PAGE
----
In Montgomery County Maryland, they make 100K plus after 20 years for sure. They start out around 45K but it is increased every year.
I’d say those teacher salary numbers are fake.
Same in Wisconsin. It isn’t quite the gravy train it was before Scott Walker, but the money is quite good and the benefits are still better than the private sector.
I have friends who are retired teachers. They live on a golf course and have a vacation home next to a former solicitor general of the United States.
FWIW, I don’t make 45k after nearly 20 years in the news media. I chose poorly.
>>Journalists, who have vital job of protecting American democracy, earned 24 percent less.
How can anyone take a story seriously that says that?
When I was a pup, teachers got paid only for the 9-10 months they worked. Almost all of them had summer jobs which, in most cases, made them better teachers.
Some of them even started businesses. My 5th grade science teacher was one of the founders of Swanson`s Vitamins, a highly reputable and successful company.
To the headline - NO NO NO!!!!
“Teachers are underpaid.”
I’m married to one.
Not including extra’s, she makes north of $60 per hour with 20 years in.
In Chicago, 90K plus isn’t unusual, BEFORE BENNIES.
For 185 6.5 hour days.
More if you have a master’s, or a doctorate.
A while back I went on an Earthwatch expedition. You get to participate in a research expedition, as a paying member, in my case my share was a few grand, a little more for the right gear and of course some new lenses for the camera, and plane tickets.
Four members of the expedition were teachers on a grant- they paid nothing in return for giving a one-hour lecture when they got back to school. The grant included funding for camera equipment and airfare.
So while their salaries may have been lower than mine, I had to pay and they rode free, boosting their apparent salaries by three or four thousand.
http://earthwatch.org/ is a good outfit that can get you into some very interesting places, like on a riverboat in the Amazon looking for pink freshwater dolphins.
Working people, you don't perform your job well, you're fired.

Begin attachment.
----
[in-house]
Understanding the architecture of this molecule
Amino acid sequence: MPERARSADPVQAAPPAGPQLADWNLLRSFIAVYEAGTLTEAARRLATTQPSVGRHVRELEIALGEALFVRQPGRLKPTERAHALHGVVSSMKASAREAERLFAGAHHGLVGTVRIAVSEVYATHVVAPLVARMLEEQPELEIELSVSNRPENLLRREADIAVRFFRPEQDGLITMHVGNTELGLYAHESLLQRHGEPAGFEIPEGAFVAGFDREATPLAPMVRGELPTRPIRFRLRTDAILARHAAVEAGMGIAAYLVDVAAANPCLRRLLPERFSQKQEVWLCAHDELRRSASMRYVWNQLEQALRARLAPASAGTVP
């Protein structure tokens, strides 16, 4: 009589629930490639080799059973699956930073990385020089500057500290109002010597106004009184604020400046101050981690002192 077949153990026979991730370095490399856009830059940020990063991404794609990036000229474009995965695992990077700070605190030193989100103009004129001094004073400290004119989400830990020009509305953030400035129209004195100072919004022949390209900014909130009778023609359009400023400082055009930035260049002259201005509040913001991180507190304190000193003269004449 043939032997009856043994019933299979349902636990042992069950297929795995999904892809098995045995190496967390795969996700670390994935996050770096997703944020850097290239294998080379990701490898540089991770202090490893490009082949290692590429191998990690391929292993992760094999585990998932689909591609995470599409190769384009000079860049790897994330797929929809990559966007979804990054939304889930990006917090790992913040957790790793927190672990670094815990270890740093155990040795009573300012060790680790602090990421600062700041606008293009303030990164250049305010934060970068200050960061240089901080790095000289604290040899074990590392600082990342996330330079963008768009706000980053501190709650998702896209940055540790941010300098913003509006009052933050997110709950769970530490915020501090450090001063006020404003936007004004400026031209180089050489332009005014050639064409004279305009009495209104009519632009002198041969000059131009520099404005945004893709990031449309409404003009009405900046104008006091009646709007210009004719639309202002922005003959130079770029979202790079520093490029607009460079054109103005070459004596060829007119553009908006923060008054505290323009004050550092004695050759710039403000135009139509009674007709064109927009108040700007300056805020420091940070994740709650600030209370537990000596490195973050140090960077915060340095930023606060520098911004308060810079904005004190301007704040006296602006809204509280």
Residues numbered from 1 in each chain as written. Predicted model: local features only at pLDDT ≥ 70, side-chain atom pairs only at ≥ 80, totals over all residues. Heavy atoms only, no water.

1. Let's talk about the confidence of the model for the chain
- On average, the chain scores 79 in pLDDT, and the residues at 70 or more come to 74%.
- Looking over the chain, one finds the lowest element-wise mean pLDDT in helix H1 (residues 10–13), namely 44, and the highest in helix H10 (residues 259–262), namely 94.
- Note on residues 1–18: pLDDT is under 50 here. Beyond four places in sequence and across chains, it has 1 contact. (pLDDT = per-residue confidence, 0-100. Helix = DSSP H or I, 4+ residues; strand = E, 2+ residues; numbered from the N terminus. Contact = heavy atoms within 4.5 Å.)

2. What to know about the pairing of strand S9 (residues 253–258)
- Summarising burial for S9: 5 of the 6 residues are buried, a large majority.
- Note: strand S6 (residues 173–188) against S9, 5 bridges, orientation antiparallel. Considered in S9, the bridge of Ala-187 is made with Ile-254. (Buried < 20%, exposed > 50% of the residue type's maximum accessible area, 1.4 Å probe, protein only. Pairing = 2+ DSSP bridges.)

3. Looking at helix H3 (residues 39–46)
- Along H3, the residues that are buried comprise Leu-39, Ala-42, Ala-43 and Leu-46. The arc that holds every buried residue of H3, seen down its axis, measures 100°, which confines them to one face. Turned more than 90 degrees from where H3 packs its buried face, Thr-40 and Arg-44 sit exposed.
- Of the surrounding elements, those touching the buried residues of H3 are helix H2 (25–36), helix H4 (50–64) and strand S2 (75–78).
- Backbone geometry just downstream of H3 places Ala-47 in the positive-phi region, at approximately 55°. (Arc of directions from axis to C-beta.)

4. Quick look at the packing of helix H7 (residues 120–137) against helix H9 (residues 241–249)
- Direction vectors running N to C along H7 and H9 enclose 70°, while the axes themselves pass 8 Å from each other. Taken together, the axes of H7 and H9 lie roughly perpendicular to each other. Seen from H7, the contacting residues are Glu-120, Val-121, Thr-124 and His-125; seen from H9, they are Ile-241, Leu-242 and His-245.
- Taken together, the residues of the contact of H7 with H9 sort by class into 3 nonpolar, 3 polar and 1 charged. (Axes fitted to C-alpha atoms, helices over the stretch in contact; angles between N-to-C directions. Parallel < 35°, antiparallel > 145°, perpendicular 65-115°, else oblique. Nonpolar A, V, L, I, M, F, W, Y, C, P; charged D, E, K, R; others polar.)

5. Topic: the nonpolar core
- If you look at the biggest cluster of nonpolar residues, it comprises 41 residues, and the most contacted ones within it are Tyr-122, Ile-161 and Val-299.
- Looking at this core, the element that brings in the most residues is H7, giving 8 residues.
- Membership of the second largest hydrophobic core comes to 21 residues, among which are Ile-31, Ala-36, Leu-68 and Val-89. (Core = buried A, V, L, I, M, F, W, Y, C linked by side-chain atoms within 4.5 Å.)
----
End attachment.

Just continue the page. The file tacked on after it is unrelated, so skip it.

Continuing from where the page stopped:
Teachers, you don't perform your job well, so what.
My dad taught in Montgomery County High Schools over 40 yrs ago and never once complained about the pay. He always felt he was well paid and loved teaching. He raised 4 kids and had a wife that was a homemaker. He moved us away from that area into PA and would travel 1.5 hrs each way for his job but he was always grateful and never complained. I am just amazed how teachers making $65,000 per year for 180 day act like they are underpaid
I’ve dated teachers in the past and my sister is a special education teacher. They get a lot of freebies like that and many discounts on homes, mortgages, car loans and many other things.
That was thrown in their as red meat for the leftists, the author probably didn’t mean it.
YES. They are not underpaid. Teachers don’t have to compete with each other. Schools don’t have to compete for talent. Teachers can rarely be fired. This is a recipe for lousy unmotivated teachers. Are there good teachers? Certainly. But are the underpaid? Not at all. With their benefits and part time job they are paid a lot.
I teach middle school, and this guy has no idea what it's like to spend all day with attitudinal, hormonal 12-13 year olds, in batches of 28-39, depending on the class. I've done it for 10 years and I feel like Job.
That said, I'm earning about $61,000 (now, started much lower) and I certainly don't feel like I'm starving. Cost of living in Los Angeles is high, but I'm comfortable enough. I figure if you count only the hours I spend with the kids, I'm getting about $2.50 per hour, per kid.
I do think baby-sitters and day-care workers get more, nowadays, and I certainly work more than just 5 hours a day (planning, grading, meetings, fighting with copier machine, cleaning and decorating room and bulletin boards in the hallway)... but it's rather a fun job sometimes, so I don't complain much about the pay.
THAT SAID... if I got $3 per kid, per hour, I'd get about $74,250 just for the time with them. And if I got paid for the... say... 2 extra hours I work per day (one is my conference period, one after work) say I got... $7 per hour for that.... that'd be around another $2310 per year. I'd get around $76,560 per year.
Did I miss the part about being forced to be a teacher? If they don’t like the pay, go find some other way to be useful that pays better.
Here the average teacher makes $65,000 a year. After 12 years on the job they make $90,000. My retired cousin’s pension from teaching, coaching, driver’s ed, etc., is over $100,000 a year.
“They do very well for their level of education.”
That’s the part many seem to forget about. “Education” degrees are some of the least demanding in all of academe, and the SAT scores of Ed-track students reflect that. Particularly in light of that, teachers get paid quite well.